CSCA Informant – Denver Broncos and Chess

Broncos helmet



(Colorado Chess Informant – July 1999)

By NM Todd Bardwick

A couple weeks ago, I got the opportunity to visit Bronco headquarters in Dove Valley and interview Barney Chavous about the Denver Broncos chess activities over the years.

Back in the summer of 1997, I wrote the first column in the Rocky Mountain News about Broncos chess, focusing on Reggie Rivers. For those of you Bronco fans who missed that column, hopefully you will find this interesting.

Barney - cardBarney Chavous asked me to ask local chess players to NOT call the Broncos and challenge them to a chess game. After the Reggie River’s column, quite a commotion was caused as they were swamped with phone calls challenging Broncos players to a game. The Broncos players put football first, and play chess for relaxation and a break from a busy schedule.


After a hard day’s work, many of the Denver Broncos can be found playing chess in the office of assistant strength coach and former defensive lineman, Barney Chavous. According to running back, Reggie Rivers, Chavous, beats everyone, including (according to Barney), head coach Mike Shanahan.

Rivers, who learned how to play chess as a child, says that the Broncos play chess during road trips, on the plane, on the bus, and in the hotel.

Does chess improve a professional football player’s game?

“Chess has definitely helped me understand a lot of the strategy of football,” says Rivers. “In chess, good offense is often an exercise in putting multiple points of pressure on one square. In football, offensive play design (particularly passes) involves putting multiple points of pressure on one player.”

Chess has also helped Rivers better understand football defensive strategy: “In chess, you often give your opponent a move that looks strong for him, but it turns into a trap,” says Rivers. “Football is the same way. I’ve always thought of defense in football as being totally reactive. But now I understand the ways in which football defenses force the offense to make certain choices.”

From the start of the 1996 season to the present, Chavous holds a 90-34 edge over Rivers. Offensive lineman, John Jones, has beaten Rivers all six of the times they have played. Rivers does, however, have a winning record of 47-16 over defensive lineman, Alfred Williams, and an 11-6 edge over safety, Robert Turner, a recent newcomer to the team.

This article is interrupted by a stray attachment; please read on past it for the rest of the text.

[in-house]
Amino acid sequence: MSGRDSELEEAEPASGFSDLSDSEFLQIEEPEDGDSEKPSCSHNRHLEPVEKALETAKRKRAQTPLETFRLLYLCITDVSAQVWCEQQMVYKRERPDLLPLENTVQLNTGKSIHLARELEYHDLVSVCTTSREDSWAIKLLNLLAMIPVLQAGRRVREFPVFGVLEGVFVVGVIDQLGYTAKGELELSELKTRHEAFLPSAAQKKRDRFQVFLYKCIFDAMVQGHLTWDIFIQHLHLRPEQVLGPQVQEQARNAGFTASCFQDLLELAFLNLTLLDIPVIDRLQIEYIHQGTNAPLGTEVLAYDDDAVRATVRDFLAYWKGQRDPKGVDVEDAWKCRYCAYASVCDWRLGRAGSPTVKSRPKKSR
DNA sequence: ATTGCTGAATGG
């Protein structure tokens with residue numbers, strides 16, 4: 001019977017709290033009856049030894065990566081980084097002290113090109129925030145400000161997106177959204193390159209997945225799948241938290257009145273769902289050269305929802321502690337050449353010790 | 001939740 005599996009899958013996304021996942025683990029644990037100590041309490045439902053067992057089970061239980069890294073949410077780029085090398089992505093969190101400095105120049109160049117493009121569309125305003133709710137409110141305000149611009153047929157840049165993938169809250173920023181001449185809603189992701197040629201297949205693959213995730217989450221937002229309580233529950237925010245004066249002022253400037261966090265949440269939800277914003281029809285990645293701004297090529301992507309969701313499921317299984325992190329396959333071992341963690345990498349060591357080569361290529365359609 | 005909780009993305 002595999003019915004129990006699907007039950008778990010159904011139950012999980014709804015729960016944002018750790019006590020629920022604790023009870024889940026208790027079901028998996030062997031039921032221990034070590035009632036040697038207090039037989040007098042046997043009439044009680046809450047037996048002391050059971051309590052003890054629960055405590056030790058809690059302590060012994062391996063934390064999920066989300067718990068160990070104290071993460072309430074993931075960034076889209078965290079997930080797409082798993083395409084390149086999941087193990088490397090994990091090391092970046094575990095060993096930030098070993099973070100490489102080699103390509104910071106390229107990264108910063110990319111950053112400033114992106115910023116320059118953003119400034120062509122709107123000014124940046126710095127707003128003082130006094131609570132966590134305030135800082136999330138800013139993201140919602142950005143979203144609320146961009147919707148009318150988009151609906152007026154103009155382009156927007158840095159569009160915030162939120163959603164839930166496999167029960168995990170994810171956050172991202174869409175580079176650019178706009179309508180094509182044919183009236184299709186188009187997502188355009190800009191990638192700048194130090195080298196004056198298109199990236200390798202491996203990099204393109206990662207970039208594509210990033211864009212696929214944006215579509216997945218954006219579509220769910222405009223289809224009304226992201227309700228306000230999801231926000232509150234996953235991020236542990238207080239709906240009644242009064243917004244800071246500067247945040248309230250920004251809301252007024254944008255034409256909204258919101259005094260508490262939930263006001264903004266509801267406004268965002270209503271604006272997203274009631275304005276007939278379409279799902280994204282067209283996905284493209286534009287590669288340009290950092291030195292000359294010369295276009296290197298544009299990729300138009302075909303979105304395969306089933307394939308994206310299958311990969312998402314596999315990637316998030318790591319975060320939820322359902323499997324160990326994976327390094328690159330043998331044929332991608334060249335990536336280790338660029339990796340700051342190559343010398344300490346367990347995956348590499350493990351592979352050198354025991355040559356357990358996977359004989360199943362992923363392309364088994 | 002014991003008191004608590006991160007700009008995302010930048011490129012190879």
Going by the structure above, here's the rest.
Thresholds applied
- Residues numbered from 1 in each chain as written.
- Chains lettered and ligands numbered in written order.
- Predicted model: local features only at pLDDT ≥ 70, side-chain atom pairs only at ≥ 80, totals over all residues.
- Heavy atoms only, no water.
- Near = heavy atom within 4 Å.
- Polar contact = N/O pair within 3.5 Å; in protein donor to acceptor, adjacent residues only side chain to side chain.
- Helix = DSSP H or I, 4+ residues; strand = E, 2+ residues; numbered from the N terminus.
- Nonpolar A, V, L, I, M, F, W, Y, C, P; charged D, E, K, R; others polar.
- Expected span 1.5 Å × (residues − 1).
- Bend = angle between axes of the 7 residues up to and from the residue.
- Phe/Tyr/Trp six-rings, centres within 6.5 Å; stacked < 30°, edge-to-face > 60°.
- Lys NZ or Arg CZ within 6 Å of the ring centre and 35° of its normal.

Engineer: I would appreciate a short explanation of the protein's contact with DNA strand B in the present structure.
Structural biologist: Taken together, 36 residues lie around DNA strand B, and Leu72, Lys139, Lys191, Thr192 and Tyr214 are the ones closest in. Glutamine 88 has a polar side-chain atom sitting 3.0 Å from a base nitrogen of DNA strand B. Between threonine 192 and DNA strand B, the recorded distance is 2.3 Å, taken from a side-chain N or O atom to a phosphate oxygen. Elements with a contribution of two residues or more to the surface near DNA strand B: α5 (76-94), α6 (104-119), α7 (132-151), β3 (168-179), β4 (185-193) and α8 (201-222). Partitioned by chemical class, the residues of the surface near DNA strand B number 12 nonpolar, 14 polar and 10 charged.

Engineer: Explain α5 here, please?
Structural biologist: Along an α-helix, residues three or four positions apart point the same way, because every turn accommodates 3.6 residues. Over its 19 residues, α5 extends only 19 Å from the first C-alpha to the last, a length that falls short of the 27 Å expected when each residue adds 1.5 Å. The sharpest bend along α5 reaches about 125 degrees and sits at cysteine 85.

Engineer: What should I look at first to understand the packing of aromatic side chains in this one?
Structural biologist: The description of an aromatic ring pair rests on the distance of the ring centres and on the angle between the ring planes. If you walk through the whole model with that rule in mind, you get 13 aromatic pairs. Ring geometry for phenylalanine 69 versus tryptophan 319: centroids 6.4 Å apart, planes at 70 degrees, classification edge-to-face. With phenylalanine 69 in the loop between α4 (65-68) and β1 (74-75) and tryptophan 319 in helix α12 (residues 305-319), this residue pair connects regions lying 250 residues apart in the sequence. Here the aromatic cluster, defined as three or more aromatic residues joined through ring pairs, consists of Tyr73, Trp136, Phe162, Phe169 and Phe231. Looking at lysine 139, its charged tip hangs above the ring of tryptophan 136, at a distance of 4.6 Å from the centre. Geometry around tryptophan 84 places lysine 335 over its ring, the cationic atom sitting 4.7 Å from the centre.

A popular place at Bronco headquarters at lunch time between practice sessions is the wood chess board in Barney Chavous’s office. Chavous, a Bronco defensive end from 1973-1986 and current Assistance Offensive Line and Strength and Conditioning Coach, took up playing chess seriously back in 1976 with roommate and fellow defensive end, Ed Smith.

In fact, the famous Orange Crush Defense frequently played chess to pass the time on the plane during team trips.

Rubin - cardBack then, Rubin Carter, Steve Foley, Tom Jackson, Claudie Minor, John Rowser, Ed Smith, and later Larry Canada were the most active chess players on the Broncos team. Rubin Carter said, “The strategies of offense and defense are very similar between chess and football. Chess really brought closeness to the team back in those days.”

Chavous also sees the similarity between the two games: “Chess is a very positive way to exercise your mind. It makes you look at the whole picture…what are your options and what is the best thing to do? In football, you are mostly reacting from a defensive point of view…but you always want to be counterattacking….a similarity with chess strategy. Chess and offensive football are quite similar; you sacrifice something now to get something back later.”

According to Chavous, Alfred Williams is probably the best chess player on the current Broncos Super Bowl team. Chavous originally taught Williams how to play and said that Williams has improved a lot and loves to play computer chess.

And the best Bronco chess player of all time?   Probably…Chavous. Carter said, “Barney is really tough and one of the best.”   In his retirement speech on May 2, John Elway took the time to admitt that he was not as strong a chess player as Chavous.